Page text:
STEM careers are not for one day. They need to be woven throughout the year through every activity or project. A few ideas to keep the conversation going:
Engineering Design Challenges: Connect every STEM challenge to a STEM career. If you use Vivify lessons, you will find a handout with a related STEM career. For example, our students become civil engineers to design catapults, aerospace engineers to design rockets, or mechanical engineers to create roller coasters. As you discuss the career, help students find the related sparks.
Mars Colony Competition: In our spring semester project, students work in teams to design a colony on Mars. You can find the complete project overview here. In this colony, students incorporate their sparks and STEM careers in their designs. For example, students may add a music room, basketball court, video game console, or library to represent their sparks. Plus each of these spaces has to be adapted to the environment of living on Mars. Students also define their role in the colony based on their STEM career. For example, a civil engineer may support the design of the colony or a mechanical engineer creates robots to help with farming. Finally, students add their sparks and STEM careers to a team mission patch or logo that builds team unity.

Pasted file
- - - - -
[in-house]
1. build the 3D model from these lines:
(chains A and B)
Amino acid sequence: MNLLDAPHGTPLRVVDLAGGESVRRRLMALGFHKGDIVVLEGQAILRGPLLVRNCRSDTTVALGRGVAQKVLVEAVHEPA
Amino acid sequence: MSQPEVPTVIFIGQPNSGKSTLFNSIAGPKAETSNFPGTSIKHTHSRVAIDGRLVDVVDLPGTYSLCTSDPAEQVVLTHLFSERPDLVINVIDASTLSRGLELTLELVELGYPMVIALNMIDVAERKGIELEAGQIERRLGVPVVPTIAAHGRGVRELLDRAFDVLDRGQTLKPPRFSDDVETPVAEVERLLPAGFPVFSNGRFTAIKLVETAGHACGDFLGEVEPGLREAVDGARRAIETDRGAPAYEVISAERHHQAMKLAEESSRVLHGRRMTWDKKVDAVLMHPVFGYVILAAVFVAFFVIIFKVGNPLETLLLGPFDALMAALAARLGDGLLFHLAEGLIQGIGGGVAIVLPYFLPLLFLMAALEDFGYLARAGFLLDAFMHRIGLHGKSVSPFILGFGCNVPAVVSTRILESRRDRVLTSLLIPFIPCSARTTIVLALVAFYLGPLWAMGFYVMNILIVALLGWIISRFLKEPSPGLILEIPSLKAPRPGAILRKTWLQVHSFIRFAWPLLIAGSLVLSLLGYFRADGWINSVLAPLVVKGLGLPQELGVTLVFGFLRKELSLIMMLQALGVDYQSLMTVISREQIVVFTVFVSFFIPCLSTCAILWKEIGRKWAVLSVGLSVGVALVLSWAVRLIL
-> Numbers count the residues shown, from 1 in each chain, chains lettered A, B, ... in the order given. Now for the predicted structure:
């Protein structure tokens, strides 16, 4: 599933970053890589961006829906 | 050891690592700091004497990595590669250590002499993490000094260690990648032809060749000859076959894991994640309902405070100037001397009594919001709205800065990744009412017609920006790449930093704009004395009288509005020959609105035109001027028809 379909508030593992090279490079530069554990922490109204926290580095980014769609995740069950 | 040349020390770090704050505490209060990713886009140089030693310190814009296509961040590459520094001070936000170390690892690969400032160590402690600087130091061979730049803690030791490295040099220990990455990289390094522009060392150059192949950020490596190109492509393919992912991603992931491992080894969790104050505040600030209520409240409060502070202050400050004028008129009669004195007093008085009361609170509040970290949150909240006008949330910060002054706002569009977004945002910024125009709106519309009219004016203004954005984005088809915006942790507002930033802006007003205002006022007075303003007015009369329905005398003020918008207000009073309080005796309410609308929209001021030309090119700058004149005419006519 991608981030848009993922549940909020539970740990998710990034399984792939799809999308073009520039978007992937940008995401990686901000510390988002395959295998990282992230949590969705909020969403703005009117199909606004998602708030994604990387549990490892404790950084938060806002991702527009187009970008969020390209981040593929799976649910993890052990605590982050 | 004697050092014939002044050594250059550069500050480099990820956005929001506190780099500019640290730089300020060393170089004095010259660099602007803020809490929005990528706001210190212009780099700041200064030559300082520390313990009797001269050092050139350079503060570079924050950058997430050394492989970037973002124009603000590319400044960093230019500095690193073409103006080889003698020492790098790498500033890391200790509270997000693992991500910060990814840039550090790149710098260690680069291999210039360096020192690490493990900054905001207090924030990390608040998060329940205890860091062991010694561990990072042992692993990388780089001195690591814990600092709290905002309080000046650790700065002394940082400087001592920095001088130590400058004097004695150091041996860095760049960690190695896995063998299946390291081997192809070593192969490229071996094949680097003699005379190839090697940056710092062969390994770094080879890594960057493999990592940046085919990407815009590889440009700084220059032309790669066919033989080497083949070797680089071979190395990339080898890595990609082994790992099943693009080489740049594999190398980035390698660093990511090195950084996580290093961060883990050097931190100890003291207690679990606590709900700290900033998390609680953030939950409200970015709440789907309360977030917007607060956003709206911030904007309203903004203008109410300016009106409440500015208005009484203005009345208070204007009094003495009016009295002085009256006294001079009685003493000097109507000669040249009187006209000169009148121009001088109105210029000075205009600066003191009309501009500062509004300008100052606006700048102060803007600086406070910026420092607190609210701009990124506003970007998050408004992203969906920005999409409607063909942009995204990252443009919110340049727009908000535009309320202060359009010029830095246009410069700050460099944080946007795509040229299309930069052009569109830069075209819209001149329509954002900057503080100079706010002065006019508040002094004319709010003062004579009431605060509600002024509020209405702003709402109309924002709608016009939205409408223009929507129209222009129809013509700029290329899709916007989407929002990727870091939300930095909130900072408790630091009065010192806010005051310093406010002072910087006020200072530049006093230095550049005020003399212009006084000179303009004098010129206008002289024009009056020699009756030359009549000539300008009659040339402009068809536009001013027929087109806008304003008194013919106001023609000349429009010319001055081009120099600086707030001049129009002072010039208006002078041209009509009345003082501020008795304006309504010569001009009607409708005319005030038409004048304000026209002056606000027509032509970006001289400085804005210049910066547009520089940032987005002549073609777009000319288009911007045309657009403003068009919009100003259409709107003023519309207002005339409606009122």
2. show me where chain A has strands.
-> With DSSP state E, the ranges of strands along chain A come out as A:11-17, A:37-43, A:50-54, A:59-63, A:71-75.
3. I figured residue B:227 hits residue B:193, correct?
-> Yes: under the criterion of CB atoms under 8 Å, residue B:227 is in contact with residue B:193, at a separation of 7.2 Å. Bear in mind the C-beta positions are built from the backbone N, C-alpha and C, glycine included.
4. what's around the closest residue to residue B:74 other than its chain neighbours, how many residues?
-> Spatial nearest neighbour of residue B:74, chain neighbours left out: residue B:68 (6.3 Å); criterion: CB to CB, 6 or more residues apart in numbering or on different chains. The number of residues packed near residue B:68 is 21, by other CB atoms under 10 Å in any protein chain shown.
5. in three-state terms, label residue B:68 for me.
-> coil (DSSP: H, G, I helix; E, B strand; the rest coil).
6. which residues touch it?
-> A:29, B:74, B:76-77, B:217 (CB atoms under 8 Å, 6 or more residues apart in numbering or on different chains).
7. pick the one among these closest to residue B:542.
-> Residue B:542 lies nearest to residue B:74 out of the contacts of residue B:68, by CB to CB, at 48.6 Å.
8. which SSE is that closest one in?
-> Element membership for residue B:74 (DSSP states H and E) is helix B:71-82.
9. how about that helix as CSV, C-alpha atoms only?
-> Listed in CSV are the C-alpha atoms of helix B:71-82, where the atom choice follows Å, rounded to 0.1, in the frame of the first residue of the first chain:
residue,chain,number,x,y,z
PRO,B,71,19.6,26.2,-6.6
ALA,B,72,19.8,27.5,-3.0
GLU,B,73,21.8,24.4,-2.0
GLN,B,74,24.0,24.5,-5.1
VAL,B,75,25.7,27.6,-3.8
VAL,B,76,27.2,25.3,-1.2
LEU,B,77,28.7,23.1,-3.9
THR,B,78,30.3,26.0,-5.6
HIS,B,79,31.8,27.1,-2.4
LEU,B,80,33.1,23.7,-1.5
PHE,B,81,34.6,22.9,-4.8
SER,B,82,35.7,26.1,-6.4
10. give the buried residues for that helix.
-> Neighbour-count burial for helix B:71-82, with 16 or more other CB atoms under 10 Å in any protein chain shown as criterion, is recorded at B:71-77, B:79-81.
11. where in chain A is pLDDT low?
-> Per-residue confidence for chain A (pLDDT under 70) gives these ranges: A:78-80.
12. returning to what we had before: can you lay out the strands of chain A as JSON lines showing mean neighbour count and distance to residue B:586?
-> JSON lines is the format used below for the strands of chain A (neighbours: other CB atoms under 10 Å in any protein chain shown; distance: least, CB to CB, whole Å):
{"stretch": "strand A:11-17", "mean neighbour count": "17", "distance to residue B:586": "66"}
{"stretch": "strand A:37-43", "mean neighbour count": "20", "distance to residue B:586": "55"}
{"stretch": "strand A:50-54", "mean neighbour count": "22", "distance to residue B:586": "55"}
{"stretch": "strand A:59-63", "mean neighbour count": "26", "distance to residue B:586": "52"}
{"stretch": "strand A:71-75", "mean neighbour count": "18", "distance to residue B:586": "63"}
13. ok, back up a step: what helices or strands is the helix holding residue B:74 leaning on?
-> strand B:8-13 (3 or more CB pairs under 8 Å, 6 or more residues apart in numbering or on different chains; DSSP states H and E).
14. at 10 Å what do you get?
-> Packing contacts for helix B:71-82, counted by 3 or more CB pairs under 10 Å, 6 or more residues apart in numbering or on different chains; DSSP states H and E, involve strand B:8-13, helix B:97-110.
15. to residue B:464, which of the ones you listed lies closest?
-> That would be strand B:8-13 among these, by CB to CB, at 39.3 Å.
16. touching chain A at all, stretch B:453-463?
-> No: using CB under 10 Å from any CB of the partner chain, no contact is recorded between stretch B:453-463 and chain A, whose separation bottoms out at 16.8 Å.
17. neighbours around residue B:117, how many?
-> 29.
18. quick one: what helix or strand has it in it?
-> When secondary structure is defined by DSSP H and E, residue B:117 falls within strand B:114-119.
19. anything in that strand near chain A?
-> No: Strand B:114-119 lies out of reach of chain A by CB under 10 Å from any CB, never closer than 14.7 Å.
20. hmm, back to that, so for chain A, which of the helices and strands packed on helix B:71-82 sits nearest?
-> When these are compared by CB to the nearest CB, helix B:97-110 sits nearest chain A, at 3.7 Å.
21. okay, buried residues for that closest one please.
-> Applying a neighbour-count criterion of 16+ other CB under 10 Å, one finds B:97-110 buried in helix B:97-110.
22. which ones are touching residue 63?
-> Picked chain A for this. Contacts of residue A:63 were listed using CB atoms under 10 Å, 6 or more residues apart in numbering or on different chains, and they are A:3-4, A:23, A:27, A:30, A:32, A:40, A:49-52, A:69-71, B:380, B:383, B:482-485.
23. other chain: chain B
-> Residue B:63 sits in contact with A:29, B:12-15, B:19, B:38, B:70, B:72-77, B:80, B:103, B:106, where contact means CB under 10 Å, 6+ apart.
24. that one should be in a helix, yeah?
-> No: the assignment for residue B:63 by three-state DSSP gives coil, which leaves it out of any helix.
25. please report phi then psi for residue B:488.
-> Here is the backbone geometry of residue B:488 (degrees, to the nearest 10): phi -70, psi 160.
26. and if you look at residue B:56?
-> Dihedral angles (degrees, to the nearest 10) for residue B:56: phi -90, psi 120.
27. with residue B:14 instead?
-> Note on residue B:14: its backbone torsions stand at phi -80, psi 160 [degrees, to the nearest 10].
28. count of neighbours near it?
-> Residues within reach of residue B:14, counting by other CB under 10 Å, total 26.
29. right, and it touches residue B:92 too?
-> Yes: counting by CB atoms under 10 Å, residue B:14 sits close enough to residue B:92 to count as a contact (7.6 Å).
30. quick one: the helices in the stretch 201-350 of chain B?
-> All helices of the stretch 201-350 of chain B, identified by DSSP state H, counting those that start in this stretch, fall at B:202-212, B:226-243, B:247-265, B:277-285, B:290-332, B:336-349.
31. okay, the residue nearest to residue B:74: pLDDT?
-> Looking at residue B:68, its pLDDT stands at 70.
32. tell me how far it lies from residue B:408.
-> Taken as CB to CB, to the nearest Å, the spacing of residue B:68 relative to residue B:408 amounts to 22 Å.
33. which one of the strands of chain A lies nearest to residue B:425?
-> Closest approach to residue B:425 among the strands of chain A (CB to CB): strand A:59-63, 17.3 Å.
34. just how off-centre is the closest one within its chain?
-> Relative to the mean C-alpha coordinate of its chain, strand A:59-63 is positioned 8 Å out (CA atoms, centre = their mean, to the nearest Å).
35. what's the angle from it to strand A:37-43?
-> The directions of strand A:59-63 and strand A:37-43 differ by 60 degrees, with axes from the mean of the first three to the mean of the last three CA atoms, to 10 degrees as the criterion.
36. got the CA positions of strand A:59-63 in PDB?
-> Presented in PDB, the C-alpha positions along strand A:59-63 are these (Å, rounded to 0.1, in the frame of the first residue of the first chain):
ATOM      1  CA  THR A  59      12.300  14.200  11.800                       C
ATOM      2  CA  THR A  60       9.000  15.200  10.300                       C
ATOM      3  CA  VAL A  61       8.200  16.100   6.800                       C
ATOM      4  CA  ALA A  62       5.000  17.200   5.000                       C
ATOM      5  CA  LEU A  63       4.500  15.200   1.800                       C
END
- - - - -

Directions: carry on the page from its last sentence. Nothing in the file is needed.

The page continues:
How do you connect STEM careers in your classroom? Add a comment with your ideas!